Rhinoplasty: Open or Closed? What’s the Difference?

If you’ve ever considered plastic surgery of the nose, also known as rhinoplasty, then you’ve probably seen the terms closed rhinoplasty and open rhinoplasty. These two terms describe the surgical approach used by a plastic surgeon to perform cosmetic and functional rhinoplasty. Whenever I see a patient for rhinoplasty this is one of the first issues we discuss at the consultation. Patients often ask me which surgical approach is better, and which approach I use most often. The simple answer is that there is no right or wrong answer. The choice of open or closed rhinoplasty really depends upon the training and personal experience of the plastic surgeon.

I was fortunate to train in the era when both the closed and open rhinoplasty techniques were both commonly used. Therefore, I have performed hundreds of rhinoplasty operations with each approach. The only difference between the closed and open rhinoplasty technique is literally one measured in millimeters. Both approaches use incisions within the nose; the open approach simply adds an incision along the columella which is the skin between each nostril at the base of the nose. When closed in a careful and meticulous manner the resultant scar is virtually invisible within weeks of surgery.

At the initial consultation, I explain to my patients the difference between the two techniques and my personal preference based upon a comparison of the closed and open rhinoplasty approach. After 30 years performing rhinoplasty, I have found that the open or external rhinoplasty offers several advantages to the closed approach. First, the open approach allows the surgeon to see the underlying cartilage and bone directly, undisturbed, and interrelated. This is simply not possible in closed rhinoplasty as both the cartilage and bone are distorted and somewhat obscured by the overlying skin and soft tissue.

Secondly, the open approach allows more precise suturing especially when cartilage grafts are needed for support. The effects of suturing on the nasal cartilages are more clearly visualized in the open approach so that even subtle dynamic changes can be seen as the surgeon looks for symmetry and any distortion of the cartilaginous framework. Also, cartilage grafts can be secured more easily in the open approach with multiple sutures that may not be possible in a closed rhinoplasty.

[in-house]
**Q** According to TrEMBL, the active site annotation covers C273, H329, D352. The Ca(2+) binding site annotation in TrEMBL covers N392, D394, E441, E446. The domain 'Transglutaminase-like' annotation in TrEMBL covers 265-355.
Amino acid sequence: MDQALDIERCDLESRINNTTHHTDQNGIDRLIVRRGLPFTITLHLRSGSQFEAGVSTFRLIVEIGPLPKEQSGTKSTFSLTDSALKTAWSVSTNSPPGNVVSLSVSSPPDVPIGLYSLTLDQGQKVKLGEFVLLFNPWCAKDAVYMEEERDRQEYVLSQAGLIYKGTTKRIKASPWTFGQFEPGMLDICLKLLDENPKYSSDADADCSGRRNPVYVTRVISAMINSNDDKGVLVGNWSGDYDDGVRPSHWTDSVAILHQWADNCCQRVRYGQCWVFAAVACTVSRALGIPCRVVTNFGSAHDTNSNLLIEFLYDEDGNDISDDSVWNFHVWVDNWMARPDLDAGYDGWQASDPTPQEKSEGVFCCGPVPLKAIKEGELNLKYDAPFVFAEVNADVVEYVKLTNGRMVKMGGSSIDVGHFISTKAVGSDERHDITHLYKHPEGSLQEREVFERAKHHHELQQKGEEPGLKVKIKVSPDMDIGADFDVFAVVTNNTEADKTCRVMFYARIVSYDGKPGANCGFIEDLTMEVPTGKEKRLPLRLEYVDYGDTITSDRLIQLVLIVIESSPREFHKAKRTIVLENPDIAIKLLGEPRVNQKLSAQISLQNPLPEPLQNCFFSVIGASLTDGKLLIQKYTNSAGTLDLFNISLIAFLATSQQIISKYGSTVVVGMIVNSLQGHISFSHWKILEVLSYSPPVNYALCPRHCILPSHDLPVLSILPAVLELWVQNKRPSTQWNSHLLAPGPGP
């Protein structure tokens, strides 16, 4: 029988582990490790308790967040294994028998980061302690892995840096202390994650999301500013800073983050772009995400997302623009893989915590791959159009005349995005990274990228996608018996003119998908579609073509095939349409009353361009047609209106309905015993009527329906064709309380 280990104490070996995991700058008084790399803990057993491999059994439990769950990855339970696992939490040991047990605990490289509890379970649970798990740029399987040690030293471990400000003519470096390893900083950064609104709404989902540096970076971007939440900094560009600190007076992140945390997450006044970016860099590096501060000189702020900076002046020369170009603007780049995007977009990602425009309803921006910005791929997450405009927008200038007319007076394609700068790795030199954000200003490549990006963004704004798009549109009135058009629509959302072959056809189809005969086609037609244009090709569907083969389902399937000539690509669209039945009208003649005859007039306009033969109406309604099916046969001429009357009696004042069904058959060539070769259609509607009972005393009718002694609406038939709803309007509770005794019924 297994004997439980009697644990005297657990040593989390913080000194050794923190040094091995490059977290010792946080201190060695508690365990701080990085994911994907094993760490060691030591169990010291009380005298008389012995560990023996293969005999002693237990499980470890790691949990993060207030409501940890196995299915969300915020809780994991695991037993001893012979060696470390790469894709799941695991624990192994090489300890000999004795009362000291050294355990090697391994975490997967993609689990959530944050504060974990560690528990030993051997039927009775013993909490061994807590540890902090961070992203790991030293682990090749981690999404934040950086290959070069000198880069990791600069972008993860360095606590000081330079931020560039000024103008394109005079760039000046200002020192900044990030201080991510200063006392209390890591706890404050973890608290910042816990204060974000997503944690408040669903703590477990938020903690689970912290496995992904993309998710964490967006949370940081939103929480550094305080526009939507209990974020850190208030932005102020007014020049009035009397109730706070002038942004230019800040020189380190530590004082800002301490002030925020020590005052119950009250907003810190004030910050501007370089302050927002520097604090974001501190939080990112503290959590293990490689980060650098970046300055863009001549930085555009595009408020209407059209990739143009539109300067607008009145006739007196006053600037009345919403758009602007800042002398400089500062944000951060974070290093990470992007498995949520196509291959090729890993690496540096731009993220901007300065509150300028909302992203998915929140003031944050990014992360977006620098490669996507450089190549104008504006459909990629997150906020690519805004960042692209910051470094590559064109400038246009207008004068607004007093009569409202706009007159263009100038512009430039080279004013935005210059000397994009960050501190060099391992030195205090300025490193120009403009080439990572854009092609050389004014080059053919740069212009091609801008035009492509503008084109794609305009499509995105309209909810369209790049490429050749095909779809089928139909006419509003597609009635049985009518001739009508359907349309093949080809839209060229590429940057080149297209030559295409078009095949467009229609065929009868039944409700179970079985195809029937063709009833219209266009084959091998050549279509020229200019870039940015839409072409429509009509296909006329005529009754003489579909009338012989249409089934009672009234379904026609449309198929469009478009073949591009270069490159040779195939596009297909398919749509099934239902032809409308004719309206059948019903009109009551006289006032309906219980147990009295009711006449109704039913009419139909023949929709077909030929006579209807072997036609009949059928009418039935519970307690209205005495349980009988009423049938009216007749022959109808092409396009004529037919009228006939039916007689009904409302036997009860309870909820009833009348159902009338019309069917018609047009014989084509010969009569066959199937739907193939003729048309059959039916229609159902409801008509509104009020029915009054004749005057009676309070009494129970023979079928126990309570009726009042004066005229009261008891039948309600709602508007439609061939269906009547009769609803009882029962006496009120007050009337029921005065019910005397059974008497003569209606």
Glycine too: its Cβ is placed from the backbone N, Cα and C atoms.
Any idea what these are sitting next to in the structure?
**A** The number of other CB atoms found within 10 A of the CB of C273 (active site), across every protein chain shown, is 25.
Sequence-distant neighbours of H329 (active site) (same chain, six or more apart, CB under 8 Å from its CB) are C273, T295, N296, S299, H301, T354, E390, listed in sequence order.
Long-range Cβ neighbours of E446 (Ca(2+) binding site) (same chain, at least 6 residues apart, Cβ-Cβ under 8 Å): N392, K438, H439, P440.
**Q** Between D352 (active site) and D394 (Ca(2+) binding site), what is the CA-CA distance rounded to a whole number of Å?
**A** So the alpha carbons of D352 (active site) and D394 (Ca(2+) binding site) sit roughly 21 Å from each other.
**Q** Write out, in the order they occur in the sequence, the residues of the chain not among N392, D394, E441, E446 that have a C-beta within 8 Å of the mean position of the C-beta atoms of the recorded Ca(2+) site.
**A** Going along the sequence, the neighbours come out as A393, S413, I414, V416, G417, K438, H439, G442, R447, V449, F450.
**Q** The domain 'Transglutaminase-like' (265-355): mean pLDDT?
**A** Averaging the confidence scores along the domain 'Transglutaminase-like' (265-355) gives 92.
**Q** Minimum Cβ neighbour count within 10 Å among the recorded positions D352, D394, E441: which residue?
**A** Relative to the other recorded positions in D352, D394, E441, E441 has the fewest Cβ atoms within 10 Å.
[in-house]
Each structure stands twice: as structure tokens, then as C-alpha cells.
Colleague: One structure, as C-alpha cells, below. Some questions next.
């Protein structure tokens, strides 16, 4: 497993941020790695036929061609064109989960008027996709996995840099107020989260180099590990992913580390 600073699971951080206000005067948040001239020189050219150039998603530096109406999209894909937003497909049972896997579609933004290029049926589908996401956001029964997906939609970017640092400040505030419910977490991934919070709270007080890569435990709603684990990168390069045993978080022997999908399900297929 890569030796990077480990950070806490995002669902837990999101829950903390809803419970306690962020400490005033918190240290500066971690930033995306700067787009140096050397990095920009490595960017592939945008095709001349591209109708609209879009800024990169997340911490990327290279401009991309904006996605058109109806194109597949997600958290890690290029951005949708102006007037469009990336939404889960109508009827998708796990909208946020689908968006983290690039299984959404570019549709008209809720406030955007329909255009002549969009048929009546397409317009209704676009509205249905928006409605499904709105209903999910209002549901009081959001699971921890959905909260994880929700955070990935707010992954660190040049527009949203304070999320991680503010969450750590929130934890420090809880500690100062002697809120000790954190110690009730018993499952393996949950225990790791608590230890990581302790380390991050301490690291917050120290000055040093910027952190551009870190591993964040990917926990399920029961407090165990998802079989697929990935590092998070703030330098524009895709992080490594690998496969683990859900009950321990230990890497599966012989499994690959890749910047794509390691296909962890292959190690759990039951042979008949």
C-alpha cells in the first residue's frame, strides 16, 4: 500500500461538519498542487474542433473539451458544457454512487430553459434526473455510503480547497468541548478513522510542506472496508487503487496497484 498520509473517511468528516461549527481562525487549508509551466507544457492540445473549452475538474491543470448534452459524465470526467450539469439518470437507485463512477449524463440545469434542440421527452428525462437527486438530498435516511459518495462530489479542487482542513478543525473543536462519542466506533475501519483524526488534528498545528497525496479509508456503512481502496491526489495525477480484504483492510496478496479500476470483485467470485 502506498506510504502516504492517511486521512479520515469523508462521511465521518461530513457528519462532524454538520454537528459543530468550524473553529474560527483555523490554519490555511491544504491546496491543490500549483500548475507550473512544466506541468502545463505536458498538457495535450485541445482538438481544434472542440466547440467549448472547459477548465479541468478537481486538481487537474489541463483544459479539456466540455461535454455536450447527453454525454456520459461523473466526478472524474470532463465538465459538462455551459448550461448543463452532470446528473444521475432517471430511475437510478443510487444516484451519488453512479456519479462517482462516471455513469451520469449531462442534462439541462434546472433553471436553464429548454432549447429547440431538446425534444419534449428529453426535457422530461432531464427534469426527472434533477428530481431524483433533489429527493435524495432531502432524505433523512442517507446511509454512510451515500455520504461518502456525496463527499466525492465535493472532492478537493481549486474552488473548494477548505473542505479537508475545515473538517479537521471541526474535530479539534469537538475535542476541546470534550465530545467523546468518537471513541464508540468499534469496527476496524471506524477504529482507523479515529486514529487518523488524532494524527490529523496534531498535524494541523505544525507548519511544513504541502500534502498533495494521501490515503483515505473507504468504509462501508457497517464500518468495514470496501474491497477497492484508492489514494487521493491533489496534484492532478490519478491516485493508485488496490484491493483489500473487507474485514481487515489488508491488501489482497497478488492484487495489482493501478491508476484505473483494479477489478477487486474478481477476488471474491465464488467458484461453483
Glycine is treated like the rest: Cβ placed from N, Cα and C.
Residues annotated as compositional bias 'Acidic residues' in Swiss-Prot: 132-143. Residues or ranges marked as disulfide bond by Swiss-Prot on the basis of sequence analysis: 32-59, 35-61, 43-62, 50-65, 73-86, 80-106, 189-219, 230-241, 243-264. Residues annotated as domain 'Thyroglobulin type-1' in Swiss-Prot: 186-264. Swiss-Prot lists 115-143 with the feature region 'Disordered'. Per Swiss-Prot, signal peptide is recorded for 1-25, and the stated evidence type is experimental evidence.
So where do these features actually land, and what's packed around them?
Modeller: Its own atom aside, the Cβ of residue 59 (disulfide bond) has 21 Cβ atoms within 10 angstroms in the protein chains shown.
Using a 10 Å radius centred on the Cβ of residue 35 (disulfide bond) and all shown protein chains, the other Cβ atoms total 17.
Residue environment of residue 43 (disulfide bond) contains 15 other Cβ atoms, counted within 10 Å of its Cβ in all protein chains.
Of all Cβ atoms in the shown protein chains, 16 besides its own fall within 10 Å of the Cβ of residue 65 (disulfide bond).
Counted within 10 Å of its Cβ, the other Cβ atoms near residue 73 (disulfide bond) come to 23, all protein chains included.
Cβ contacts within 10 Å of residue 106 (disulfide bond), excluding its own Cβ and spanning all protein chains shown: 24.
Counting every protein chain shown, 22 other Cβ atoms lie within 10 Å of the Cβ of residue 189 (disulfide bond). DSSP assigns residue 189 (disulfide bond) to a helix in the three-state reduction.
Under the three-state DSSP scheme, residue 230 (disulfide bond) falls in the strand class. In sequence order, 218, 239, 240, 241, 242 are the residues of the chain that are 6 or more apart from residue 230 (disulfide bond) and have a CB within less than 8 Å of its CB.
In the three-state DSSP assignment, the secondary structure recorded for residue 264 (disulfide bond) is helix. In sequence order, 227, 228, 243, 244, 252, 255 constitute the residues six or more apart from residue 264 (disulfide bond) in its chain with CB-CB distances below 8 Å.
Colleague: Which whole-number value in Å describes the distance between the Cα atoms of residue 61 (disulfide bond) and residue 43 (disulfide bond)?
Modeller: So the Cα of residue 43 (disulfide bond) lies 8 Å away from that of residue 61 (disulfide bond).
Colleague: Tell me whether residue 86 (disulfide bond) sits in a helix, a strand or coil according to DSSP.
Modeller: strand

Third, revision or redo rhinoplasty lends itself to the open rhinoplasty. In these challenging cases, scar tissue is commonplace. Asymmetric and uneven cartilages can clearly be seen as the result of prior rhinoplasty. It is much easier to both diagnose and treat the anatomic problems in revision rhinoplasty when the overlying skin and soft tissue are not in the operative field.

Critics of the open rhinoplasty often have little experience or training besides closed or endonasal rhinoplasty. Their criticisms include an obvious external scar; however, plastic surgeons are used to designing and closing facial scars as fine lines which are not seen, especially those along the base of the nose. Other criticisms of the open technique include prolonged nasal tip edema which has not been my personal experience. It is important to remember that the scar within the nasal columella is designed not as a straight line but as a geometric broken line which neither the eye or ambient light can easily detect. Furthermore, it lies within the “shadow” of the nose and can only be faintly seen when the head is tilted back and close inspection with a strong light is used.

In conclusion, rhinoplasty is one of the most interesting and challenging plastic surgery procedures we perform. It is more important for prospective patients to find a board-certified plastic surgeon who has experience with both initial and revision rhinoplasty, than to be overly concerned about the surgical technique which is used. Great surgeons will simply obtain consistently great results with either technique. If rhinoplasty is something you might be interested in, I encourage you to schedule a consultation at my San Deigo area practice. Together, we’ll address your goals and concerns in order to determine if the procedure makes sense for you.

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